Tuesday, August 7, 2007

A Particular Season

Up until a few days ago, this was one of the most pleasant Kansas summers I recall. Warm to the point of hot, but not unrelenting. Frequent lavish rains have encouraged luxuriant growth of weeds and trees, and cool nights have kept the potato plants growing and the pasture green much later in the year than usual.

Now the season is changing to one unique to this bioregion, a season somehow more than ordinary summer: a season called August.

It's hot: the intense, draining, relentless heat that characterizes Kansas between mid-July and mid-September.

It's windy: a firm south wind pressing the hot air against me like an invisible wool sweater.

It's humid: the heat and wind pulling the water from soil, plant and puddle, racheting up the humidity, making it seem hotter--the humid wind can't hold any more water so the sweat runs down my body without cooling me in the least.

And my middle-aged body, in its own shifting of seasons, forges an internal heat most triggered by just such external conditions as make said internal heat most unpleasant.

This is the time of year to sit by the fire and spin--oh, I mean sit in the shade and spin. Winter, which most folk think of as my season of rest, is too cool for sitting still. Spinning is a quiet, low-energy occupation--mesmerizing, an easy way of passing time while expending a minimum of physical effort. And in past years, when I've been just farming, I've had the freedom to lurk in the shade during the heat of August days, engaging in slow activities like spinning, knitting, reading, chatting with friends or grandchildren, even napping. That languid summer pace is what allowed so many generations to survive pre-air-conditioning, in the days of long-sleeved, long-skirted dresses for ladies and suits for gentlemen.

But now, by virtue of my full-time off-farm job, I'm subject to the relentless busy-ness of the workaday world. No wonder so many people feel air conditioning is a necessity! Modern life is a tyrant, forcing people into the same daily routines in every season, rather than allowing us to fit our work to each day as God creates it for us. The farm provides work for all weather: quiet tasks for a shady bench in the heat, indoor work for rainy weather, vigorous chores for chilly mornings. In the long run there is a fit season for everything that needs to be done.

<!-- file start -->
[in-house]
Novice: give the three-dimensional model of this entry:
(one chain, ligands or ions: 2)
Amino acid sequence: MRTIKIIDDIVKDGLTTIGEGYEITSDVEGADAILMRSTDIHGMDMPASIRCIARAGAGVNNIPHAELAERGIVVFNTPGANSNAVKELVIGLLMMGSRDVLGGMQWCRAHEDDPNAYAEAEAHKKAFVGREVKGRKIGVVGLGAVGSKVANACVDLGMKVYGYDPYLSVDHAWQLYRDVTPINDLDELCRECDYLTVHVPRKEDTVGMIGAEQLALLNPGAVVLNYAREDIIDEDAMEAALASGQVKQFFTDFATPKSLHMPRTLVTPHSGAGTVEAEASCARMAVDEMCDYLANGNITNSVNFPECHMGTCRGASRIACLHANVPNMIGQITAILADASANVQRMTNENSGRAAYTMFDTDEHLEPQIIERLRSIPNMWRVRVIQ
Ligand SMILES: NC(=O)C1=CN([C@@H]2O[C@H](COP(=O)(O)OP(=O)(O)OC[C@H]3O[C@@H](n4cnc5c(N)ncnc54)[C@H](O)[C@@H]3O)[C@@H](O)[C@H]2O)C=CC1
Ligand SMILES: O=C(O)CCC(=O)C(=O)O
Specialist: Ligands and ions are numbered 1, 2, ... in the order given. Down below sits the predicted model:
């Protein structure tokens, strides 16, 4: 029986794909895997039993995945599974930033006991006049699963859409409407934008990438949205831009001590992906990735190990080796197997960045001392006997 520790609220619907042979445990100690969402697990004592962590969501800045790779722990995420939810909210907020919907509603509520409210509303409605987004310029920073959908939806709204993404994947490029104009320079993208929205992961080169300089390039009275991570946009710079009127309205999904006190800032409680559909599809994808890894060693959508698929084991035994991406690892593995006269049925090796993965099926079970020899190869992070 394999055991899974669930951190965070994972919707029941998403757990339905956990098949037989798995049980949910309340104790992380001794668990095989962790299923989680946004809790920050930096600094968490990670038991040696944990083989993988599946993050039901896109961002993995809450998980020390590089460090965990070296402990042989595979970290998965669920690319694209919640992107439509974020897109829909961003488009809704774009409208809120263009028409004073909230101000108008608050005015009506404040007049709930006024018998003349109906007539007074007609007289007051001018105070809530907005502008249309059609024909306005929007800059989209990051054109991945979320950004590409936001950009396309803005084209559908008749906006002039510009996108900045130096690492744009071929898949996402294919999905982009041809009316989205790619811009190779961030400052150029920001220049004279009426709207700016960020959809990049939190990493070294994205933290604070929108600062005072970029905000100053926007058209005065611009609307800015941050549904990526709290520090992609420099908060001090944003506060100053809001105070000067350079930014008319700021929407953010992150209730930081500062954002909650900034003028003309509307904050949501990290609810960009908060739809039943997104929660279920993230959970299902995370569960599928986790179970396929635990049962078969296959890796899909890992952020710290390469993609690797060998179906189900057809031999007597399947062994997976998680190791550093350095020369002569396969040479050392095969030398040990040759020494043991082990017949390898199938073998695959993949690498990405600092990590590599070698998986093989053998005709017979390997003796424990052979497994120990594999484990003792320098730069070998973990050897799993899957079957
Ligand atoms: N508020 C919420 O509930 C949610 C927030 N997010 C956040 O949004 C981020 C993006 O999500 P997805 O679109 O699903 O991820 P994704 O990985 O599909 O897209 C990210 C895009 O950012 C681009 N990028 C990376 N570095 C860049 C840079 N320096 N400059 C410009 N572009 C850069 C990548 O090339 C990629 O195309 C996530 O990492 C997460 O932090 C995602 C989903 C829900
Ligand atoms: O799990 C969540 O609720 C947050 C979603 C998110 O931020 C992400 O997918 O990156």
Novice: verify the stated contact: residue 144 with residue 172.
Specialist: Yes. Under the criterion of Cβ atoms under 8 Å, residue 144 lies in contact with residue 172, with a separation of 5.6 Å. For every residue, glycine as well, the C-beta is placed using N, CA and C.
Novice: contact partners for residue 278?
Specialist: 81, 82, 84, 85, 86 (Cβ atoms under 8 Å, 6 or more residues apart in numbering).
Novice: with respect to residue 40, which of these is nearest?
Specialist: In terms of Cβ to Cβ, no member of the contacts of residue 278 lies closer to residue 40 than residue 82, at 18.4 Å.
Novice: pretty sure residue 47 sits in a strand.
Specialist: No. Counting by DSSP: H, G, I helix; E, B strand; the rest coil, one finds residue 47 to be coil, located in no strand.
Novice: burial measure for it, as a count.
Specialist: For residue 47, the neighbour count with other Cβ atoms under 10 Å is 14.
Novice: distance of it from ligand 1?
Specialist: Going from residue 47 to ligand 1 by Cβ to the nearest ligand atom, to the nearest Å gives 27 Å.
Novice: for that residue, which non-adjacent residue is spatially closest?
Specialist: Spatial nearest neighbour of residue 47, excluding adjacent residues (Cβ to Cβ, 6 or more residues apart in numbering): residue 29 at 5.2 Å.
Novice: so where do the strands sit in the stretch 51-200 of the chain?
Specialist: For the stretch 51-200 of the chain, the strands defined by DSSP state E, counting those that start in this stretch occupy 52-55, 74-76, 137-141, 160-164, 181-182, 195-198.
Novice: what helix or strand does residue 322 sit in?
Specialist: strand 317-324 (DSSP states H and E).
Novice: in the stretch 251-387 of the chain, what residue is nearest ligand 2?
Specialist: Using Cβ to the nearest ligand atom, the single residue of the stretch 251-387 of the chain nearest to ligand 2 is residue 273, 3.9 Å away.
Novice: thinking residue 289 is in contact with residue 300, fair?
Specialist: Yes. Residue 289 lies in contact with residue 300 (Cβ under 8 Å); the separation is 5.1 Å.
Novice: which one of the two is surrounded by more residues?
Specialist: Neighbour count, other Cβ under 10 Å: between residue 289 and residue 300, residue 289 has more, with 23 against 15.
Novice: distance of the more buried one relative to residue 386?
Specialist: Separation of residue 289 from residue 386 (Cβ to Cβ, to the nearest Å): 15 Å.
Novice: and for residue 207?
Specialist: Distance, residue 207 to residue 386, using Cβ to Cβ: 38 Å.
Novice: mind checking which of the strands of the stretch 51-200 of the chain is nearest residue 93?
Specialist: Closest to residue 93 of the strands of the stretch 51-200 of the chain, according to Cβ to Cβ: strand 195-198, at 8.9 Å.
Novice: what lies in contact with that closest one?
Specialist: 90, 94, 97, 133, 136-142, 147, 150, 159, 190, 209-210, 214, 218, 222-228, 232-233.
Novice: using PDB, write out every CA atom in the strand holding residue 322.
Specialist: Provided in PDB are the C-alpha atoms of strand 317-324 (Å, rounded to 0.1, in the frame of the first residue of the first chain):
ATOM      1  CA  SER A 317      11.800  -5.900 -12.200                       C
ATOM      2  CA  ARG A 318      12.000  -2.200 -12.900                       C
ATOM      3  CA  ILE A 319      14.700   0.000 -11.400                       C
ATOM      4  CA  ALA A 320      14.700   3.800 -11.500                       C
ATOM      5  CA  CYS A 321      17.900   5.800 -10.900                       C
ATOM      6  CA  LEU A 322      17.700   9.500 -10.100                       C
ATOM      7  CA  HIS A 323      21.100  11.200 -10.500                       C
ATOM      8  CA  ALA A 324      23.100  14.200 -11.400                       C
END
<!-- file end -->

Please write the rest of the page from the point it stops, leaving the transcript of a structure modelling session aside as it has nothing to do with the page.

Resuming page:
Considering my season of life, and my yoking to the workaday world, and Emily's desire (which I can't bear to discourage) to bake bread and simmer potroasts, I gracefully relented to the needs of this particular season. Yesterday I installed the window air conditioner that was purchased several years ago to make afternoon quiet times more comfortable for my grandchildren when they visited the farm from air-conditioned homes. The small unit brings the room its in down to about 80 degrees, and with fans the rest of the house is kept nicely below 90. That doesn't sound terribly cool, but the day was barely under 100. And the dehumidifying effect of the AC works wonders for the human body's own cooling ability.

At the same time, the AC unit blocks my view of the farm from my writing table (table is slated to be relocated to another room soon). AC encourages me to stay inside more, and do less work on the farm...so often it's hotter in my imagination of the outside than it would really feel if I went out there. It's noisy, and I don't hear the cicadas or the roosters or restless hens. Disaster could befall the farm, and I'd never know. It consumes expensive non-renewable energy resources. It's terribly inconsistent with my values and goals, in terms of ecology, environmental and economic justice issues.

But for this season of my life, the season of hot flashes and working full-time off the farm and renovating the house and rebuilding farm infrastructure and housemate adapting to a new way of life, it seems a reasonable concession.

The particular grace of not having central AC is that next year will be another year, and next year's decision about bringing the window unit out of storage will belong to some particular day next year, in the fullness of time, when there is a sudden knowing that the season of August has begun. And how that particular season is to be met will be decided then: a decision informed by, but not dependent on, yesterday's decision.

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